Gordon Parks: The New Tide, Early Work 1940–1950
Traveling to Cleveland from the National Gallery of Art in Washington, D.C., where it was mounted last fall, “Gordon Parks: The New Tide” focuses on photographs from Parks’s late 20s and 30s, just after he quit his job as a waiter in a railroad dining car. Long celebrated for his portrait work, Parks rendered the American working class with thrilling dignity, taking especially moving pictures of African Americans. (Raised in segregated Fort Scott, Kansas, Parks became Life magazine’s first black photojournalist in 1948.) “Gordon was comfortable with knowing—and making different images about different communities. He understood what it meant to be an American in different forms and different ways,” Deborah Willis, chair of the Department of Photography and Imaging at the Tisch School of the Arts at New York University, told The New York Times in October. He also understood the power that his camera had to transform the things it captured. “I saw that the camera could be a weapon against poverty, against racism, against all kinds of social wrongs,” Parks wrote in 1999. “The New Tide” represents the first blows. Opens March 23.
Tintoretto: Artist of Renaissance Venice
To mark the 500th anniversary of Jacopo Tintoretto’s birth, the National Gallery of Art in Washington, D.C., presents “Tintoretto: Artist of Renaissance Venice,” a retrospective staged in collaboration with the Fondazione Musei Civici di Venezia and the Gallerie dell’Accademia. Made up of nearly 50 paintings and a trove of works on paper, Tintoretto is the Venetian artist’s first major survey in the United States.
As the exhibit’s cocurators, Robert Echols and Frederick Ilchman, note in its catalogue, Tintoretto’s “innovative pictorial techniques enabled him to paint rapidly and—with his deft management of a busy workshop that facilitated ever-larger volumes of production—inspired countless later artists, from El Greco and Rubens to French painters of the romantic period.” His fascination with the human form—coupled with a “fluid brushstroke” and discerning eye for color—has for centuries made Tintoretto’s paintings a thing to behold. “I never was so utterly crushed to the earth before any human intellect as I was today, before Tintoretto,” wrote the great 19th-century art critic John Ruskin to his father. Face-to-face with the dizzyingly grand Paradiso, a roughly 23-by-72-foot canvas commissioned for the Sala del Maggior Consiglio in Venice, Ruskin praised the dynamism of Tintoretto’s composition. “He lashes out like a leviathan, and heaven and earth come together . . . . Away he goes, heaping host on host, multitudes that no man can number—never pausing, never repeating himself—clouds and whirlwinds and fire and infinity of earth and sea, all alike to him.” Incorporating new research into the chronology of his output, “Tintoretto” will run through the midsummer. Opens March 24.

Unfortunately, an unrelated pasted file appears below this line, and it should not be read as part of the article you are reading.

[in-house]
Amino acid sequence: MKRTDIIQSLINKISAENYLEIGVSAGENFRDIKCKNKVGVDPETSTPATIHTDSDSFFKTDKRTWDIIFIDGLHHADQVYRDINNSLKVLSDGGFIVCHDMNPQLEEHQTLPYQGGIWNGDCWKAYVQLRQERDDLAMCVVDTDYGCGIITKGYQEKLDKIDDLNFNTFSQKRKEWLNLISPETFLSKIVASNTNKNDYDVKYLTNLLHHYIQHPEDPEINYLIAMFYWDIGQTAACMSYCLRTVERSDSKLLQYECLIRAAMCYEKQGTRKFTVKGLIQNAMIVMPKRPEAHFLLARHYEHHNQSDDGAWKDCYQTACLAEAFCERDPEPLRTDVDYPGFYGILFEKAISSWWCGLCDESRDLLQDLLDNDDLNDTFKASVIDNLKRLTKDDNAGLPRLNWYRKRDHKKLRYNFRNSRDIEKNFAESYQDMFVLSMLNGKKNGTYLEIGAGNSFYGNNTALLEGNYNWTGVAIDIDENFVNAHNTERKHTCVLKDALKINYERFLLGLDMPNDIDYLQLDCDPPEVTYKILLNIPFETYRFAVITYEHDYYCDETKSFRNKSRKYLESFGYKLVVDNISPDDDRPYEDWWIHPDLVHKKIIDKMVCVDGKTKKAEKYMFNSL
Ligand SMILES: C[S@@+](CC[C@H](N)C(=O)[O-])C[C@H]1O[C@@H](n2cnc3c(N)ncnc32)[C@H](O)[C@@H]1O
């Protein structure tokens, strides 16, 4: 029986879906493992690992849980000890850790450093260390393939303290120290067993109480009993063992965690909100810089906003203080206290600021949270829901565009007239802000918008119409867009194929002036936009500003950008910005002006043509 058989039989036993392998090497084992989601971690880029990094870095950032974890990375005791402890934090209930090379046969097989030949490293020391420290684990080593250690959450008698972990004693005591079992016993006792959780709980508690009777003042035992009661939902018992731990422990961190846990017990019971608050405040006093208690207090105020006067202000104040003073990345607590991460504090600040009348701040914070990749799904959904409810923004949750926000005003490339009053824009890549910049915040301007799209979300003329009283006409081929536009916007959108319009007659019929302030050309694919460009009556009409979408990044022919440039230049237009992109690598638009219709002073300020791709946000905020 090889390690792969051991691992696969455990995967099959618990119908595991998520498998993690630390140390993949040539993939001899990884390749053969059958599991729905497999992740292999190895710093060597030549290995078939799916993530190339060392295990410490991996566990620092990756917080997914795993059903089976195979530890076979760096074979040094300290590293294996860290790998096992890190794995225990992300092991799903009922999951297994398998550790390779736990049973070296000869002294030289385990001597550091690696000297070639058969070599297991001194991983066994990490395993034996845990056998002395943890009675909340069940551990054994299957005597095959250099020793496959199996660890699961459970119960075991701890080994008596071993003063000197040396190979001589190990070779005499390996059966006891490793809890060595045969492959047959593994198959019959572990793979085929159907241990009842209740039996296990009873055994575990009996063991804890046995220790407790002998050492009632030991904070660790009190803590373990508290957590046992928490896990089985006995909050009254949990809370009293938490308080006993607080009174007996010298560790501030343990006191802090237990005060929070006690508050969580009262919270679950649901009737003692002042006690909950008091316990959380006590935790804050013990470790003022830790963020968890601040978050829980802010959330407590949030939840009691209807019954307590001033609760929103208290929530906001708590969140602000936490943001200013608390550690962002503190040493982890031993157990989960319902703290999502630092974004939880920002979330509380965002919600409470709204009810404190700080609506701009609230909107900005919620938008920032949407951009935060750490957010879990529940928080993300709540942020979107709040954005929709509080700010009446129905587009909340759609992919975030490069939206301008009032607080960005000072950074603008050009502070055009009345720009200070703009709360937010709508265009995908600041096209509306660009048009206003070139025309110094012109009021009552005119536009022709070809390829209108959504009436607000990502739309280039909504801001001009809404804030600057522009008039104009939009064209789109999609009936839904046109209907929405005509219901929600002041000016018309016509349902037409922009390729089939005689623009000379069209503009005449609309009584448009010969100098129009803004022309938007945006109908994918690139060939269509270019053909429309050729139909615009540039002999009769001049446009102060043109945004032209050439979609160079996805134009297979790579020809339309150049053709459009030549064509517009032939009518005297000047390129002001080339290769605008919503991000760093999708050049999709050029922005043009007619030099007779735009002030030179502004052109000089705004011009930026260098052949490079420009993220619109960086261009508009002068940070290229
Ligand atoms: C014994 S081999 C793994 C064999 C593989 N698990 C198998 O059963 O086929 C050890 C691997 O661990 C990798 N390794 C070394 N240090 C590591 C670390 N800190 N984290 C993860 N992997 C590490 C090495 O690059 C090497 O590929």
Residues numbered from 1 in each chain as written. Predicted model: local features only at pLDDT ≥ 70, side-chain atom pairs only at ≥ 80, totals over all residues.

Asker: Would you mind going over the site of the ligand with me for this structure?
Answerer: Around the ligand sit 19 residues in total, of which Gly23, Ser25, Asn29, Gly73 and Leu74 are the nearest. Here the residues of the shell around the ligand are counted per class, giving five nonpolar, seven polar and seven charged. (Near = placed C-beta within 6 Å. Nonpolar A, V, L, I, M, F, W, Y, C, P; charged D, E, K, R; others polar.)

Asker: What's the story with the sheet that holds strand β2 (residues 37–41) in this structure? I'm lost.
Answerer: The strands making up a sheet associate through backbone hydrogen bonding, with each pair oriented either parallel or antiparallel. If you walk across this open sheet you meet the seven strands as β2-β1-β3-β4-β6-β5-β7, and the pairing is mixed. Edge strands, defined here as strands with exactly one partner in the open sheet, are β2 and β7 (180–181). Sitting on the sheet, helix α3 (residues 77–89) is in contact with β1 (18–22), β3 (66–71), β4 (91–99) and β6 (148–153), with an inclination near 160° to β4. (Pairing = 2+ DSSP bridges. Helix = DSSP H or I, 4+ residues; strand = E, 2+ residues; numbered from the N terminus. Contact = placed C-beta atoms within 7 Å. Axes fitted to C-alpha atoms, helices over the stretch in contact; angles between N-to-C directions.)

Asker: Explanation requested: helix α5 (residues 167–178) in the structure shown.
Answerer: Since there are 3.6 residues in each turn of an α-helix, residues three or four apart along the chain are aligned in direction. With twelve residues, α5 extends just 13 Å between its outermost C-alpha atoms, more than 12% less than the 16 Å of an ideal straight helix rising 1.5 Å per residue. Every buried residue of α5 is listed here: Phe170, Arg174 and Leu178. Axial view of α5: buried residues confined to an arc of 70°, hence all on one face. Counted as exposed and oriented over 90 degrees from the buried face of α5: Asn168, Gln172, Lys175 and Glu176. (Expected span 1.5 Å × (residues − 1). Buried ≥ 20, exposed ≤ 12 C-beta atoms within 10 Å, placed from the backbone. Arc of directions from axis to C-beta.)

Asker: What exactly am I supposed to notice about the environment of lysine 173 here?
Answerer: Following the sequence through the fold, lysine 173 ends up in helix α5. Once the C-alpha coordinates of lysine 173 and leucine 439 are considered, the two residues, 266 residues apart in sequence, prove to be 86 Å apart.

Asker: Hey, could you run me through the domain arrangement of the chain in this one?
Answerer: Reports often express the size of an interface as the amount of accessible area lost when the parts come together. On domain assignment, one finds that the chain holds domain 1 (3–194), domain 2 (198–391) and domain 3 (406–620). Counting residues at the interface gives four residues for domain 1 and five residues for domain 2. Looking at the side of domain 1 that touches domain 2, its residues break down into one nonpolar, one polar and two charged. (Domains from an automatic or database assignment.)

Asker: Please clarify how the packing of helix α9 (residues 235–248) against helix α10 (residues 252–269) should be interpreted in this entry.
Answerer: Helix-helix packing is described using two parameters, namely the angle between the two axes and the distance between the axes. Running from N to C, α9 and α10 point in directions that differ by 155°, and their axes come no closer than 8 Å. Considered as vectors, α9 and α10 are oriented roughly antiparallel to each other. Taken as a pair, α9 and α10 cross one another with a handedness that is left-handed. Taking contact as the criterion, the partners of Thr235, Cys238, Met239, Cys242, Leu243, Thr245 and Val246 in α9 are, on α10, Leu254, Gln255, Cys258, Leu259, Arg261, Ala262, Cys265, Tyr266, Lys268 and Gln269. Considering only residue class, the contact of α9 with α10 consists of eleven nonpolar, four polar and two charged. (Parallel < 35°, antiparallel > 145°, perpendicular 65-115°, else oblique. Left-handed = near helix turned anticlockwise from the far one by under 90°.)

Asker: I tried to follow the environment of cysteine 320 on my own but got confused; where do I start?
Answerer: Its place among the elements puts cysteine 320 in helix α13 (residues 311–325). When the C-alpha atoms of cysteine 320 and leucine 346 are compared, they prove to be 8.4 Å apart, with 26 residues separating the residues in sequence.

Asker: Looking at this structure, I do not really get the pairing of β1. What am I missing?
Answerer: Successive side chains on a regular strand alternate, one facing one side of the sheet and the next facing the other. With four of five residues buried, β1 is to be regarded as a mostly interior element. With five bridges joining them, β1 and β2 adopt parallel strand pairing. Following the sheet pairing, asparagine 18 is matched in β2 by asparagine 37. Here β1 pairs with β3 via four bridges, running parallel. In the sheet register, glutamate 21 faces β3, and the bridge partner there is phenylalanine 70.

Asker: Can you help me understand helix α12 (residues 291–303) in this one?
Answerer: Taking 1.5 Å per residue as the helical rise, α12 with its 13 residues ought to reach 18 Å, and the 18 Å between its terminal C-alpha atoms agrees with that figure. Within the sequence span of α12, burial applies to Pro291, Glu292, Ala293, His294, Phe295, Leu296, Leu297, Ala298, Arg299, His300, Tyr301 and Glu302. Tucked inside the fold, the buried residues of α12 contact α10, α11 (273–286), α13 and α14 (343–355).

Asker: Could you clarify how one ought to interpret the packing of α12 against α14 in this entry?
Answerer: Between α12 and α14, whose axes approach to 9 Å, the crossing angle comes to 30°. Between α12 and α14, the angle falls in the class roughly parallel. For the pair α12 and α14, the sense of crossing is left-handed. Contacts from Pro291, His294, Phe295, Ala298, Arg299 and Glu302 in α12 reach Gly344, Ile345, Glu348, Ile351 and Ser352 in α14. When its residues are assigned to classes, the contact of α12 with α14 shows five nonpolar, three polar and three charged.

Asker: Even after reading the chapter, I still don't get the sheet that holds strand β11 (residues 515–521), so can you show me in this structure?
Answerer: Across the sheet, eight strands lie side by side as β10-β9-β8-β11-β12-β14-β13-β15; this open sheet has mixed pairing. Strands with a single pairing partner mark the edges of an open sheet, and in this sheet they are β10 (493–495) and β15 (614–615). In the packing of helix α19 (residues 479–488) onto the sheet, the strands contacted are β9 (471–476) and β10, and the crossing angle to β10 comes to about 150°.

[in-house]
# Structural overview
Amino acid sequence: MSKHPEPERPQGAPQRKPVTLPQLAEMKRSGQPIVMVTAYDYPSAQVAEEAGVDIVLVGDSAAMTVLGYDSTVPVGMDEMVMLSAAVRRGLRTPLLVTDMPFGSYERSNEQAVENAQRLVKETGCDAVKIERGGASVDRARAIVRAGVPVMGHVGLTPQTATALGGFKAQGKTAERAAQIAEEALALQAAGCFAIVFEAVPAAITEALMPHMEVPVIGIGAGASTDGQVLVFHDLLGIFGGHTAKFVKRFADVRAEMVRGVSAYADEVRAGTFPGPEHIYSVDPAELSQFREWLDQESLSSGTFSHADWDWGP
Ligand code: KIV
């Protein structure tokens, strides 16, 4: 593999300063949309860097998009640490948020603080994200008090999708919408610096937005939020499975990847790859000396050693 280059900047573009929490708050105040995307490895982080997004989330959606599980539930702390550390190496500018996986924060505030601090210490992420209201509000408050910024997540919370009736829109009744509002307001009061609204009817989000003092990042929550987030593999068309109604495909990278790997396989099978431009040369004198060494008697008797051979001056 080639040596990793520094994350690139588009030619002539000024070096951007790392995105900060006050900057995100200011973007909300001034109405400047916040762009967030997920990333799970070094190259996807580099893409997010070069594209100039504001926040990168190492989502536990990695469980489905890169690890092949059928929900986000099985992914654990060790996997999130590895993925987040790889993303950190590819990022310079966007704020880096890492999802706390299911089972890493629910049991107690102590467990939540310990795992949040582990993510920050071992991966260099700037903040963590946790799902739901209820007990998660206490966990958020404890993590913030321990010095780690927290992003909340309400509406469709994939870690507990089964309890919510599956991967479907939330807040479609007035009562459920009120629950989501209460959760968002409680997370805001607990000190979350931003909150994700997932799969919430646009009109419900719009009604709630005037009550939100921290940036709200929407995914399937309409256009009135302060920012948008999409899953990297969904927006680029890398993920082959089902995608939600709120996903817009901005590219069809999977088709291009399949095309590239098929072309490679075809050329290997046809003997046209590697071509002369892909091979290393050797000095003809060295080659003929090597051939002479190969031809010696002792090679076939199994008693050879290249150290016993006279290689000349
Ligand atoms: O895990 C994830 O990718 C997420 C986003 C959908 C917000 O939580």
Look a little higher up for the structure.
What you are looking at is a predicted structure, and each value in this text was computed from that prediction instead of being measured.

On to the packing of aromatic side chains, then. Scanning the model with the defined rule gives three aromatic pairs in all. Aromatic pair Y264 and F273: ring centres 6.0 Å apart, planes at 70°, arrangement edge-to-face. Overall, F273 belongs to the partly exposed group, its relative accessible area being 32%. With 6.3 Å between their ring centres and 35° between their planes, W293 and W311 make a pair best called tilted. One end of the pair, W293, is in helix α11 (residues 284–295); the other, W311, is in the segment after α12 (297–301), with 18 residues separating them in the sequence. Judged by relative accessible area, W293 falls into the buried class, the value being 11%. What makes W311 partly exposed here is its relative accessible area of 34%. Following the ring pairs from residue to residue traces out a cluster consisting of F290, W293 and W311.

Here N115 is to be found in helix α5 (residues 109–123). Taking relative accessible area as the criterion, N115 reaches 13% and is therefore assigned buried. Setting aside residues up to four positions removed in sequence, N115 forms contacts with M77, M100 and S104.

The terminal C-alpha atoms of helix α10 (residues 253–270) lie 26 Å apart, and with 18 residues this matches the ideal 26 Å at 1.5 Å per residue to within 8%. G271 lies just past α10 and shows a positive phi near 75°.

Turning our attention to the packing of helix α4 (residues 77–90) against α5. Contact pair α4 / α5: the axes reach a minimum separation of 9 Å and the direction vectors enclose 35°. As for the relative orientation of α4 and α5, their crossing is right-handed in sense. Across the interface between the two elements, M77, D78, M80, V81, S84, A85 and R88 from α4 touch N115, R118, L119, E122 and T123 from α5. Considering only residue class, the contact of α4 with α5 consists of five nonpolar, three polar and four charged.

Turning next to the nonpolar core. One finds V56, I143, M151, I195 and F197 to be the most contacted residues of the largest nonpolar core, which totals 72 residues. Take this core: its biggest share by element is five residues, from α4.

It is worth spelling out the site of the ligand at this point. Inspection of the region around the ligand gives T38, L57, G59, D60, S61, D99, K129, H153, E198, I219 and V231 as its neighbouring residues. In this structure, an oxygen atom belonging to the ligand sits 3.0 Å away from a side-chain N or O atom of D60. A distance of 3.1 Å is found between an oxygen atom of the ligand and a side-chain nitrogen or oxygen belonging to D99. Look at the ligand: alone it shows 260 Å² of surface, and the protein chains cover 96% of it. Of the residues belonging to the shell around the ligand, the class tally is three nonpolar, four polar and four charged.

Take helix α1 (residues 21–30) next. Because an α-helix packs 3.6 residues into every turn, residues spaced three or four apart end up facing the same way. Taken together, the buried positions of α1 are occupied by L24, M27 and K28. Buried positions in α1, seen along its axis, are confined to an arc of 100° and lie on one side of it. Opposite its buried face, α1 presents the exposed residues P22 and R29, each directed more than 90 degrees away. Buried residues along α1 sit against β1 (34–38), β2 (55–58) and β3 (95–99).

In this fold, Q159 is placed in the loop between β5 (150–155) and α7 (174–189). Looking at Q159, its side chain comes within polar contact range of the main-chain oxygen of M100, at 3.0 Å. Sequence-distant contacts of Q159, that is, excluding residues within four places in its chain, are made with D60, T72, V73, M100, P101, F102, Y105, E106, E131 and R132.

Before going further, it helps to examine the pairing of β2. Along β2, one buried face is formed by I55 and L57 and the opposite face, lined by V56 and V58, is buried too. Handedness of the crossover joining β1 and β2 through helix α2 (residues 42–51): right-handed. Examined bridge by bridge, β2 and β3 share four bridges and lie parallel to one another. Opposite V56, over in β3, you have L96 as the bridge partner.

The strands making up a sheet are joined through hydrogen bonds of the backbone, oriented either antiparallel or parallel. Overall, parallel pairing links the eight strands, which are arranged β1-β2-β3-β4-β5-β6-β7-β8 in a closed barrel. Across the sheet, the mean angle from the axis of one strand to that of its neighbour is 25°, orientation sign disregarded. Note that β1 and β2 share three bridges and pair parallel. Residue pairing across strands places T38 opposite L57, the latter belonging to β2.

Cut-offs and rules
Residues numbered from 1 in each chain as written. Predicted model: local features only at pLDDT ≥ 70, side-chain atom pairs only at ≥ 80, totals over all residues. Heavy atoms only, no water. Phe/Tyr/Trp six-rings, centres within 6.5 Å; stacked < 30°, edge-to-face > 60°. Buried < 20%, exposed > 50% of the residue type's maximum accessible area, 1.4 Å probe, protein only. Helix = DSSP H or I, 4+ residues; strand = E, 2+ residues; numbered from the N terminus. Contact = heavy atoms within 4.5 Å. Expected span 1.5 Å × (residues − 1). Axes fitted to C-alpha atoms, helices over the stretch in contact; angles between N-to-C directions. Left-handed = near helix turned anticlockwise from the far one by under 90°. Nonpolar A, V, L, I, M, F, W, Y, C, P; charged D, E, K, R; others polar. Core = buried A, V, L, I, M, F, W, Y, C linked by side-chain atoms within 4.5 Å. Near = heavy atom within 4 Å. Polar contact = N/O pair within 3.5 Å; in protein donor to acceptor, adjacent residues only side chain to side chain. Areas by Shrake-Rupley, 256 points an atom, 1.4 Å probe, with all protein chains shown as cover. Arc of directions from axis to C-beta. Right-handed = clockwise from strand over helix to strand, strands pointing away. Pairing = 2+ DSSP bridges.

Leonard Cohen: A Crack in Everything
After a run at Musée d’Art Contemporain de Montréal last year, “Leonard Cohen: A Crack in Everything”—an array of contemporary artworks inspired by themes in Cohen’s work—will arrive this spring at the Jewish Museum in New York. Mingling installations, photography, some of Cohen’s own drawings, and, of course, music (in one gallery, guests can listen to covers of his songs by the likes of Moby, Lou Dillon, and Feist), “A Crack in Everything” speaks to Cohen’s extraordinary reach as a storyteller. “‘Going Home,’ ‘Show Me the Place,’ ‘The Darkness.’ These are all great songs,” Bob Dylan said in 2016, “deep and truthful as ever and multidimensional, surprisingly melodic, and they make you think and feel.”
Among the artists featured in the show are Ari Folman (whose Depression Chamber plays “Famous Blue Raincoat” on a loop) and the partners Janet Cardiff and George Bures Miller, who rigged an old Wurlitzer organ so that each of its keys yields a different recitation of Cohen’s poetry. “Hallelujah,” indeed. Opens April 12.